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Archives for November 2012

Patron Request

We have a patron who is looking for a book she read as a child. She can’t remember the title. All she knows is, there were lots of strange characters who were large. They were shaped like flowers or clouds. They had mouths like apple sections, they smiled a lot and wore feathers, which implied […]

Maggie Stiefvater, Tessa Gratton, & Brenna Yovanoff Talk with Roger Sutton

Talks with Roger is a sponsored supplement to our free monthly e-newsletter, Notes from the Horn Book. To receive Notes, sign up here. Sponsored by I met with the Merry Sisters of Fate at a New York coffee shop during a break from Book Expo America last June. While Maggie Stiefvater, Tessa Gratton, and Brenna […]

An Interview with Walter Lorraine

The multifaceted Walter Lorraine was a designer and art director at Houghton Mifflin before being named Director of Children’s Books, a position he held from 1965–1995. He now heads his own imprint, Walter Lorraine Books. Leonard S. Marcus: How did you get started in publishing? Walter Lorraine: As a student at the Rhode Island School […]

Review of The McElderry Book of Mother Goose

The McElderry Book 
of Mother Goose: Revered and Rare Rhymes compiled by Petra Mathers; 
illus. by the compiler Primary, Intermediate    McElderry    96 pp. 8/12    978-0-689-85605-1    $21.99 e-book ed.  978-1-4424-5314-2    $12.99 Not since Leonard Marcus’s Mother Goose’s Little Misfortunes (rev. 11/90) has there been such a delightfully idiosyncratic selection. Drawn mostly from the canonical Opies (see […]

Face Out: Picture Book Covers

A recent conversation about the current state of the picture book soon came around to the subject of book jackets. A senior art director in the group noted mournfully that as jacket designs have increasingly become the province of sales and marketing teams, covers have grown less representative of the books they trumpet. The disconnect […]

Word salad, yum.

Jon Klassen’s This Is Not My Hat certainly encourages discussion– see Lolly’s review here, Robin’s review here and mine over here–but over at Amazon I discovered a rather breathtaking display of the strategic (psychotic?) deployment of the non sequitur as a tool. (By a tool? Discuss.): “This book is another in the long line of […]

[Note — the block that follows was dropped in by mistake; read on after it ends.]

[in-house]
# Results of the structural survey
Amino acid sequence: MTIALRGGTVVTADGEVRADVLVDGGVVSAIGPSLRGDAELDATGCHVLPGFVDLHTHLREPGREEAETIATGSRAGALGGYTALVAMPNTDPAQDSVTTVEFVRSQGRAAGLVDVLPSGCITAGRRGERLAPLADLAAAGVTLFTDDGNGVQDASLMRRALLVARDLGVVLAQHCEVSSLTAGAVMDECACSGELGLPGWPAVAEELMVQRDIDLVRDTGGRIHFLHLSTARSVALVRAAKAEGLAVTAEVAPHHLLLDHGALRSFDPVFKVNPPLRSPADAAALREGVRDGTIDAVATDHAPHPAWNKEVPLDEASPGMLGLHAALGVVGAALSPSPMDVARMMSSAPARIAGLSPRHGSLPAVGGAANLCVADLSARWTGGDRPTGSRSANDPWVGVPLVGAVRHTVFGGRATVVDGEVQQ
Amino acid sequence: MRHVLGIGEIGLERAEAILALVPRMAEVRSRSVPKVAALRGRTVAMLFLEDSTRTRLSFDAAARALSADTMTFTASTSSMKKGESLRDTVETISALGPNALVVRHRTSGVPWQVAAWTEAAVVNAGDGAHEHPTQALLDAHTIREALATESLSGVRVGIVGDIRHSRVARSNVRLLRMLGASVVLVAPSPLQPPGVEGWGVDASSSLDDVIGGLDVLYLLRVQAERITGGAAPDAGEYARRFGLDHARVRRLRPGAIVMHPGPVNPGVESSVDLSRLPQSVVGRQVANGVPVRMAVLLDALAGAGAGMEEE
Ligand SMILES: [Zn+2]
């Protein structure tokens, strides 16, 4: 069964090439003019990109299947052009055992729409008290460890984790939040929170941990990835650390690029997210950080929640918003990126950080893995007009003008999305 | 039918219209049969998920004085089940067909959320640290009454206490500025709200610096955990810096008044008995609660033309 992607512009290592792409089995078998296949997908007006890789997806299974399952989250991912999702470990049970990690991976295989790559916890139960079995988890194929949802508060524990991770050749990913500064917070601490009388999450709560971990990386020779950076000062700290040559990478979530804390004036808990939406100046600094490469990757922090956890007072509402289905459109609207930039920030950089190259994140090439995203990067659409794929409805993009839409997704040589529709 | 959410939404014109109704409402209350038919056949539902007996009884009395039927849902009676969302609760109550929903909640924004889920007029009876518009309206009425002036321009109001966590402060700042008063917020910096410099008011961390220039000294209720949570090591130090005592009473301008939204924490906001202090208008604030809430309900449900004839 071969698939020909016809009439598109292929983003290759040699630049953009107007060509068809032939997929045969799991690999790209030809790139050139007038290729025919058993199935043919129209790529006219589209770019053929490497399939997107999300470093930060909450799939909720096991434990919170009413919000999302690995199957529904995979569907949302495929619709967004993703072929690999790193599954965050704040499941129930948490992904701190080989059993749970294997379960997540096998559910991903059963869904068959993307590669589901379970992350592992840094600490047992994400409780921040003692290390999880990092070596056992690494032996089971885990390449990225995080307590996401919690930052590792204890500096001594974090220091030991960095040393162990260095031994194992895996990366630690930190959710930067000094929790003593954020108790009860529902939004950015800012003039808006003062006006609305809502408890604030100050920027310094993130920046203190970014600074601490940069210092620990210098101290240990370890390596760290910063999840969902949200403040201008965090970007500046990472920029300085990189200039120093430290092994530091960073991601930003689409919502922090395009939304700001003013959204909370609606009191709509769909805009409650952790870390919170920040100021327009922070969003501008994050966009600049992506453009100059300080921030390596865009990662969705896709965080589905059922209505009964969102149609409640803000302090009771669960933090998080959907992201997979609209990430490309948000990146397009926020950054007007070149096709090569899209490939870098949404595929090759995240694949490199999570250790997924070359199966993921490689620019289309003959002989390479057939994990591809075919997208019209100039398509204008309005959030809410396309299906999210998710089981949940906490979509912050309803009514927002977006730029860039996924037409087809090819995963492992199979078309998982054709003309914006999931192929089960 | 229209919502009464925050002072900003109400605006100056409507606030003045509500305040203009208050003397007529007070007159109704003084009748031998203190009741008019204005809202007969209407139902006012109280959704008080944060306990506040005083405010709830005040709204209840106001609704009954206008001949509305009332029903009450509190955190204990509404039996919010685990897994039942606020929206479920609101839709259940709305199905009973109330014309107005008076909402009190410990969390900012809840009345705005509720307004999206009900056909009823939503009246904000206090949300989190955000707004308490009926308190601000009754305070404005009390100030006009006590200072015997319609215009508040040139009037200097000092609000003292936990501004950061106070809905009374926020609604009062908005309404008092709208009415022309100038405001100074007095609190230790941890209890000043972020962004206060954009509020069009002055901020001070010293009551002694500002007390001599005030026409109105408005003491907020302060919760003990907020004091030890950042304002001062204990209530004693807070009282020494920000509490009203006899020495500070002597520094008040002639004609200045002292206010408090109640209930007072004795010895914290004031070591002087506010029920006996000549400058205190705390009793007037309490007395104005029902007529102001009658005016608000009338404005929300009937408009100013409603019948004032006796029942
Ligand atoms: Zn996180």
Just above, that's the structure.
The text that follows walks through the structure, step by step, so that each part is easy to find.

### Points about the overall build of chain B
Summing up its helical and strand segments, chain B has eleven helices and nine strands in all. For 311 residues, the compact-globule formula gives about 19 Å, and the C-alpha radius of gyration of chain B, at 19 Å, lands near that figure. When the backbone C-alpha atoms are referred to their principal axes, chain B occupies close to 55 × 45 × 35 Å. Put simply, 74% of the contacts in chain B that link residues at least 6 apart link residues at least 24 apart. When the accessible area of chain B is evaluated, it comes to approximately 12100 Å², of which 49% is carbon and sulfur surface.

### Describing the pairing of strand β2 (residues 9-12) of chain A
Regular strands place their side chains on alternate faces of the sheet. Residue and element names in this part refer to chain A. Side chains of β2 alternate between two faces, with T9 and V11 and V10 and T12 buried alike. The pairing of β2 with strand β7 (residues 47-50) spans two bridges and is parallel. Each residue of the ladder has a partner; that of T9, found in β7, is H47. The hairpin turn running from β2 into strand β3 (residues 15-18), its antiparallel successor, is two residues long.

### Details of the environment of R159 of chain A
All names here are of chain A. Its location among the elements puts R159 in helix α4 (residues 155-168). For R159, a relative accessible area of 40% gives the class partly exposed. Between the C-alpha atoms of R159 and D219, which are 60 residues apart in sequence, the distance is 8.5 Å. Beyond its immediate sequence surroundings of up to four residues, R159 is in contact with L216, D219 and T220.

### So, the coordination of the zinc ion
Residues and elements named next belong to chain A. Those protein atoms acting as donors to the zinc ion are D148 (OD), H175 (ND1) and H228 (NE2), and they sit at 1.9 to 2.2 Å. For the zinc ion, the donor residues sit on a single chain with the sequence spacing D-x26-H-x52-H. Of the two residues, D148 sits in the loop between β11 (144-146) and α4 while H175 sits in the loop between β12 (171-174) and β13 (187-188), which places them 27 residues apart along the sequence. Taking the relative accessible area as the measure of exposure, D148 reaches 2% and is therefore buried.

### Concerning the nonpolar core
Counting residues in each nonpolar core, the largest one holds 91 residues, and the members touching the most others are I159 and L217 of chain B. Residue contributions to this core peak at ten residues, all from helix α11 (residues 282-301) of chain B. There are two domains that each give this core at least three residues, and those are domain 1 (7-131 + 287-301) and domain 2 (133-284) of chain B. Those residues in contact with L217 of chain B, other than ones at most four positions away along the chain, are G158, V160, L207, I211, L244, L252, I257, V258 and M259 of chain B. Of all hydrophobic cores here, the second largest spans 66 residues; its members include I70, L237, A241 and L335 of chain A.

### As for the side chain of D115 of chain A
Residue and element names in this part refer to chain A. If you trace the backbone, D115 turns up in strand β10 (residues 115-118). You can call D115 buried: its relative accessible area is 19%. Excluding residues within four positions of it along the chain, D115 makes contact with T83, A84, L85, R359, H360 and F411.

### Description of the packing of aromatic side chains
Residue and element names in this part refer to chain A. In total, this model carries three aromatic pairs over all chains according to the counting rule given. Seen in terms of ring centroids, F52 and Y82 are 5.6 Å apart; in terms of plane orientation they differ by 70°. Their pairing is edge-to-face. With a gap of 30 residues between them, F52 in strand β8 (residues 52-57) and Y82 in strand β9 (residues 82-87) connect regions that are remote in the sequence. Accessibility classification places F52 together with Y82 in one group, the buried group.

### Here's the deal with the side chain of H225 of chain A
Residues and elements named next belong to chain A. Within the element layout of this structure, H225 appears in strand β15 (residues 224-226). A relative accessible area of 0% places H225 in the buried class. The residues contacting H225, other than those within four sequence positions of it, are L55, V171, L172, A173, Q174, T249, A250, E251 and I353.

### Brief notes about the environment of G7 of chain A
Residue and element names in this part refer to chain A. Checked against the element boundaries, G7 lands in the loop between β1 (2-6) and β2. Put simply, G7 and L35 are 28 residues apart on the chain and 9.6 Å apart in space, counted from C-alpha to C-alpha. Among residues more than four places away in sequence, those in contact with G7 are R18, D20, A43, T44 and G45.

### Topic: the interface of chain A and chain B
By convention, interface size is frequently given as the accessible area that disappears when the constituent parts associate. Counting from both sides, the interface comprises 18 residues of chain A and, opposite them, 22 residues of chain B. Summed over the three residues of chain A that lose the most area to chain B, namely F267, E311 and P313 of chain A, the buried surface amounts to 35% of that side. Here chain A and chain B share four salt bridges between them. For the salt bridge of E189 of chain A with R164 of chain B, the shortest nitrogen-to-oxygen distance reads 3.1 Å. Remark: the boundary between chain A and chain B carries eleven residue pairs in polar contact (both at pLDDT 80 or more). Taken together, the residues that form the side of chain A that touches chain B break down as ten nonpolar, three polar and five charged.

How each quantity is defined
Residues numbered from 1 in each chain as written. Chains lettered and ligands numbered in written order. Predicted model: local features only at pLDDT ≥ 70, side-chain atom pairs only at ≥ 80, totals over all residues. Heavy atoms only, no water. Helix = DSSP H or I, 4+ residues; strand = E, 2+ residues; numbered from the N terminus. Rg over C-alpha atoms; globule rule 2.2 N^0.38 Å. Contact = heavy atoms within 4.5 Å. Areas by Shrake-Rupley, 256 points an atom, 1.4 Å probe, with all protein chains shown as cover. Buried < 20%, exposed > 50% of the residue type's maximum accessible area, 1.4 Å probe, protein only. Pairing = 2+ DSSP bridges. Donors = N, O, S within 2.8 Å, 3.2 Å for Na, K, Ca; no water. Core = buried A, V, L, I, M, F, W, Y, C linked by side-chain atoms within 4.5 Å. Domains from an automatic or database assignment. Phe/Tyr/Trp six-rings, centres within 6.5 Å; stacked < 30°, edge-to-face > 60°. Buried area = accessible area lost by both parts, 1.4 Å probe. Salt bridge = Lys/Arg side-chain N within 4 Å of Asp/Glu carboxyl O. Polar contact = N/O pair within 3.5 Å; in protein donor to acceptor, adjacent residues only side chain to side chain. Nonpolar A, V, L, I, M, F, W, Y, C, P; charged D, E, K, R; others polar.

Following in Their Fathers’ Paths

When you follow in the path of your father, you learn to walk like him. — Ashanti proverb (from In Daddy’s Arms I Am Tall) In the late 1960s, modern African-American literature for children was just coming into its own. For some of us, the 1967 publication of Virginia Hamilton’s Zeely was a turning point, […]

Making Picture Books: The Words

The beginning of a picture book comes before the pictures. In Margaret Wise Brown’s beautiful Goodnight Moon, it was the magic of her words, their simplicity and the music in them, that made Clement Hurd’s now-famous visual interpretation possible. Unless the writer is also an illustrator, the writing always comes first. Many fine writers can […]

Z Is for Moose

Here’s a long post coming on the heels of yesterday’s announcement that we would start to get shorter. I’m justifying the length because I suspect Z is for Moose is one of the top contenders this year, and — if my research is correct — it is one of the two most starred picture books […]

January/February stars

The following books will receive starred reviews in the January/February issue of The Horn Book Magazine: Building Our House; by Jonathan Bean (Farrar) Dreaming Up: A Celebration of Building; by Christy Hale (Lee & Low) Ask the Passengers; by A. S. King (Little, Brown) Days of Blood & Starlight; by Laini Taylor (Little, Brown) One Came […]